As Montana State begins fall camp next, Skyline Sports will break down the Bobcats’ roster by highlighting prominent battles for playing time in each position group.
Today’s position: Slot receiver
The players: Jayshawn Gates (5-foot-8, 155-pound sophomore) and Johnny D’Agostino (6-foot-1, 185-pound redshirt freshman).
What’s at stake: The only starting position secured among Montana State’s receiving corps belongs to senior captain Mitch Griebel at MSU’s “F/Y” position. And MSU receivers coach Cody Kempt won’t even go as far to say that Griebel is an entrenched starter despite the fact that he led the team in catches last fall. In other words, the battle for the eight or nine spots in the wide receiver rotation is wide open and the battle for whoever spells Griebel in the slot should be one of the fiercest on the team. Gates had a breakout year as a big-play guy as a freshman while D’Agostino has been a pleasant surprise after joining the Bobcats as a walk-on out of Bozeman High last fall.
How they fared in 2014: Gates, widely affirmed as one of the three fastest players on the team, had a breakout season in limited duty out of the slot a season ago. One of college football’s slightest players, he showed no fear in averaging 29.4 yards per catch. He caught just 13 passes but three were for touchdowns. He had three catches of more than 45 yards and his 382 yards were second on the squad to Griebel’s 445 on 32 less catches.
D’Agostino, a Class AA first-team All-State selection for Bozeman High’s 2013 state title team, walked on to Montana State and hasn’t missed a beat. He earned Scout Team Most Valuable Offensive Player honors in the fall and was a standout that earned first and second-team reps during spring.
How they fared during spring practice: Gates saw his fair share of chances during spring drills as the majority of MSU’s veteran offensive talent — running backs Chad Newell and Gunnar Brekke and Griebel for example — saw limited live action. Gates showed his usual shiftiness along with a consistent ability to stretch the field.
But D’Agostino was a revelation, catching everything thrown his way. He led the offense in receptions during two different scrimmages and he received high praise from MSU third-year offensive coordinator Tim Cramsey along with Kempt.
“Johnny D’Agostino is consistent. He’s a Mitch Griebel clone,” Kempt said following the Triangle Classic. “He catches everything; he’s always in the right spot. We’ve thrown a lot on his plate. He is playing F and X. Today, he was at both. He had a great day. He’s always consistent and he does great things.”
The case for Gates: You can’t catch him. Plain and simple. Gates might be the lightest player in Division I football but he’s been able to avoid injury his first couple of seasons due to his premier elusiveness and his elite speed. It’s between Gates and Justin Paige as to who’s the fastest straight-line player at MSU, which is saying something considering Paige ran on a 4×400-meter relay team his senior year in track that was nationally ranked. Gates can beat you over the top, like he did on a 48-yard touchdown in MSU’s 77-37 win over UC Davis or he can beat you on a bubble screen, like he did on a 67-yard gain that set up a touchdown in the Bobcats’ 29-18 victory over North Dakota. His one knock is his ability to be an extension of the run game, something Griebel excels at.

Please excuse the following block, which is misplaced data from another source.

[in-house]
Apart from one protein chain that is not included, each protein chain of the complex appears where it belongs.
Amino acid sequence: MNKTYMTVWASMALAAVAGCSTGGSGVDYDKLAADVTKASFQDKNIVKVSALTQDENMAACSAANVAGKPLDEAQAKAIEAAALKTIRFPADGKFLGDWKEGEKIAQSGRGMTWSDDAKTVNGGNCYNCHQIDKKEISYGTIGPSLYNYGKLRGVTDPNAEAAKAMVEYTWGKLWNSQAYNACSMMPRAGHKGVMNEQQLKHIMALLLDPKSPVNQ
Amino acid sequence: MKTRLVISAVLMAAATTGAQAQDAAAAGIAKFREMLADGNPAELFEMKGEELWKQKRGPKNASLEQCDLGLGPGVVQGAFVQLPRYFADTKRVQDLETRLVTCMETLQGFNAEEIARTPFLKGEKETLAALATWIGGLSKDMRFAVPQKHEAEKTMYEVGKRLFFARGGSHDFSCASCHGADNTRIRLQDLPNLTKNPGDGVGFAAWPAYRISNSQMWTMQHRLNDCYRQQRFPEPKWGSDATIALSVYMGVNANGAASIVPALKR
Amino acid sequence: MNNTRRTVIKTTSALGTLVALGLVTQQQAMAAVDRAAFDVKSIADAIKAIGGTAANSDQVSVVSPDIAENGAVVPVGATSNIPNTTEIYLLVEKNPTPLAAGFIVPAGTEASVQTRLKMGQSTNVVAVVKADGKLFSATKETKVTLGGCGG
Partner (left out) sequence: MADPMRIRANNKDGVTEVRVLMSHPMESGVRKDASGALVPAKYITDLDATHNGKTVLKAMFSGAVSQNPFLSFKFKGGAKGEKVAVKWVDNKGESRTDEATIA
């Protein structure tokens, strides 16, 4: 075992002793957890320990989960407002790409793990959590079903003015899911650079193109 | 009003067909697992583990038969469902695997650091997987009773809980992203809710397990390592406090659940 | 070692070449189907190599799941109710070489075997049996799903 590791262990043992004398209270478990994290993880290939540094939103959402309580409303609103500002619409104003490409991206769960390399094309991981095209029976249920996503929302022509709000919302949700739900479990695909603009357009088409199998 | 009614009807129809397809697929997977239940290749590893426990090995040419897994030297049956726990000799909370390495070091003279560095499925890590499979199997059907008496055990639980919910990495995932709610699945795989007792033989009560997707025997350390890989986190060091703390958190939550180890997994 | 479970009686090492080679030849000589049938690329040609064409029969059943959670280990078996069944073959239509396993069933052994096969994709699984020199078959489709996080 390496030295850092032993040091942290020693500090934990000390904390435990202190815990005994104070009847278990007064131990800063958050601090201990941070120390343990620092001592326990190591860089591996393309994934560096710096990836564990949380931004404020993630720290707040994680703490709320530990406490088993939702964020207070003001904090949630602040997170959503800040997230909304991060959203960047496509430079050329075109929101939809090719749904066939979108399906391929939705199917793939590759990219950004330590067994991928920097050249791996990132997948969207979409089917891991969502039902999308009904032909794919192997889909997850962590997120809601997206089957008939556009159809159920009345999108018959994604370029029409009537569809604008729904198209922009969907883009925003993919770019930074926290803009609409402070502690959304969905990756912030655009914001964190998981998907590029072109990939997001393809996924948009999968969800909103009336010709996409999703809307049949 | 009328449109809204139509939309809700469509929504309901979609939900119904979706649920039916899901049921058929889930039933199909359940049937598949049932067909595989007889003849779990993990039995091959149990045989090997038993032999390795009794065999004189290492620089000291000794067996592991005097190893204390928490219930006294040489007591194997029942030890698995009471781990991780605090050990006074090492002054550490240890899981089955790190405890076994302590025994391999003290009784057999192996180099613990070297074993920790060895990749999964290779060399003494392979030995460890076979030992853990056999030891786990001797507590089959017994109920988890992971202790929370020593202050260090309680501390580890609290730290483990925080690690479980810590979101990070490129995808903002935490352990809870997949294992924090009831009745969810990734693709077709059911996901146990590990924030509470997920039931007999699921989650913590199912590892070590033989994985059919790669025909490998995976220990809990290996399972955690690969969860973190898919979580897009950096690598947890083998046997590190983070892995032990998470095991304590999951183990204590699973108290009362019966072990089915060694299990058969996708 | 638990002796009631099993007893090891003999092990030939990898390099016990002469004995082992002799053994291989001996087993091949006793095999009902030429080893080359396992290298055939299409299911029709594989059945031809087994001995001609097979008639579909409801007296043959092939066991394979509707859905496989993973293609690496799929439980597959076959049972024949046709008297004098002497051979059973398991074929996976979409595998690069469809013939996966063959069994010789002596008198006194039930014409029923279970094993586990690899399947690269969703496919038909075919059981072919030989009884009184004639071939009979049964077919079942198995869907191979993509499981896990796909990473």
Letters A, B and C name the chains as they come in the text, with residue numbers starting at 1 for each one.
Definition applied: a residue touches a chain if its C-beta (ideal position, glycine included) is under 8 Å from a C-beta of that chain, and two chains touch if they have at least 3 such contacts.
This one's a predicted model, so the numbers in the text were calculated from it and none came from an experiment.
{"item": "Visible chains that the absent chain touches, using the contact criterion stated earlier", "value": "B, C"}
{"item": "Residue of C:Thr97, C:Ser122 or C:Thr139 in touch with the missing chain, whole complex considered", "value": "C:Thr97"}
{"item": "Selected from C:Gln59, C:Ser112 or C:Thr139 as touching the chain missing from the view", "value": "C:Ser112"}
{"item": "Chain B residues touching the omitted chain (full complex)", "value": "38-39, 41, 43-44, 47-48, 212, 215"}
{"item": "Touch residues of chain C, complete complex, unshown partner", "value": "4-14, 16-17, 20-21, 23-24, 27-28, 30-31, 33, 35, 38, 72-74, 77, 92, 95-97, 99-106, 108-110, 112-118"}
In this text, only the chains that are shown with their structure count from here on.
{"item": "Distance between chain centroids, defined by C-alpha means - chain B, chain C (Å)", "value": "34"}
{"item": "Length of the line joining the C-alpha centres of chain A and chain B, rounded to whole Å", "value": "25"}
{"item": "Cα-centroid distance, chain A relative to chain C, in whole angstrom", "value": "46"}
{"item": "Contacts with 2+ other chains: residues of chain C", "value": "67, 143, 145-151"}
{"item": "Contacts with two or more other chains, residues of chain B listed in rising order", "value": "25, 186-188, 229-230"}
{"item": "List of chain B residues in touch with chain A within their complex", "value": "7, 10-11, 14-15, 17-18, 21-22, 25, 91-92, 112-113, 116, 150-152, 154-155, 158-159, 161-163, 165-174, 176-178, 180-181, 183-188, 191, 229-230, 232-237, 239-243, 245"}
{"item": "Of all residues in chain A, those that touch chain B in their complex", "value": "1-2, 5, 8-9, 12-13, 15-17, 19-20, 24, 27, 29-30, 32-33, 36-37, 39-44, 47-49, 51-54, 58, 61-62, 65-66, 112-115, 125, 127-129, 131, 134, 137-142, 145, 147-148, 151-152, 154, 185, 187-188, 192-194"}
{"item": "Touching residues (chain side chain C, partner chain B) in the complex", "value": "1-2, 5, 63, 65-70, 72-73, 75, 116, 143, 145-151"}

The case for D’Agostino: D’Agostino has among the best hands on the Bobcats. In today’s college football, slot receivers can be used in such a diverse fashion, having someone who can snare a pass anytime it’s thrown to them is a huge advantage. The knock on D’Agostino is his lack of game experience. Will he be able to catch everything thrown his way when he’s not going against a depleted secondary made up of Bobcat reserves? Will he be able to handle the pressure of big-game situations with thousands of people watching? It remains to be seen but his coaches and teammates certainly do not lack confidence in his abilities.
What they must accomplish during fall camp: This battle may be a moot point if either player, specifically D’Agostino, learns another spot and breaks into the rotation in another fashion. Griebel is a true slot but Gates might be able to produce on the outside at “Z” receiver because of his deep threat ability. D’Agostino has the ability to play “X” because of his height and, according to Kempt, his football IQ. The battle here is for a backup spot but the true battle is between Gates, D’Agostino and nine other players for a spot in MSU’s receiver rotation, regardless of what spot they earn playing time at.
Also on the roster: Casey Schwertfeger (6-foot, 190-pounds) — the redshirt freshman is not coming to fall camp but will join the team when school starts as part of the 104-man roster.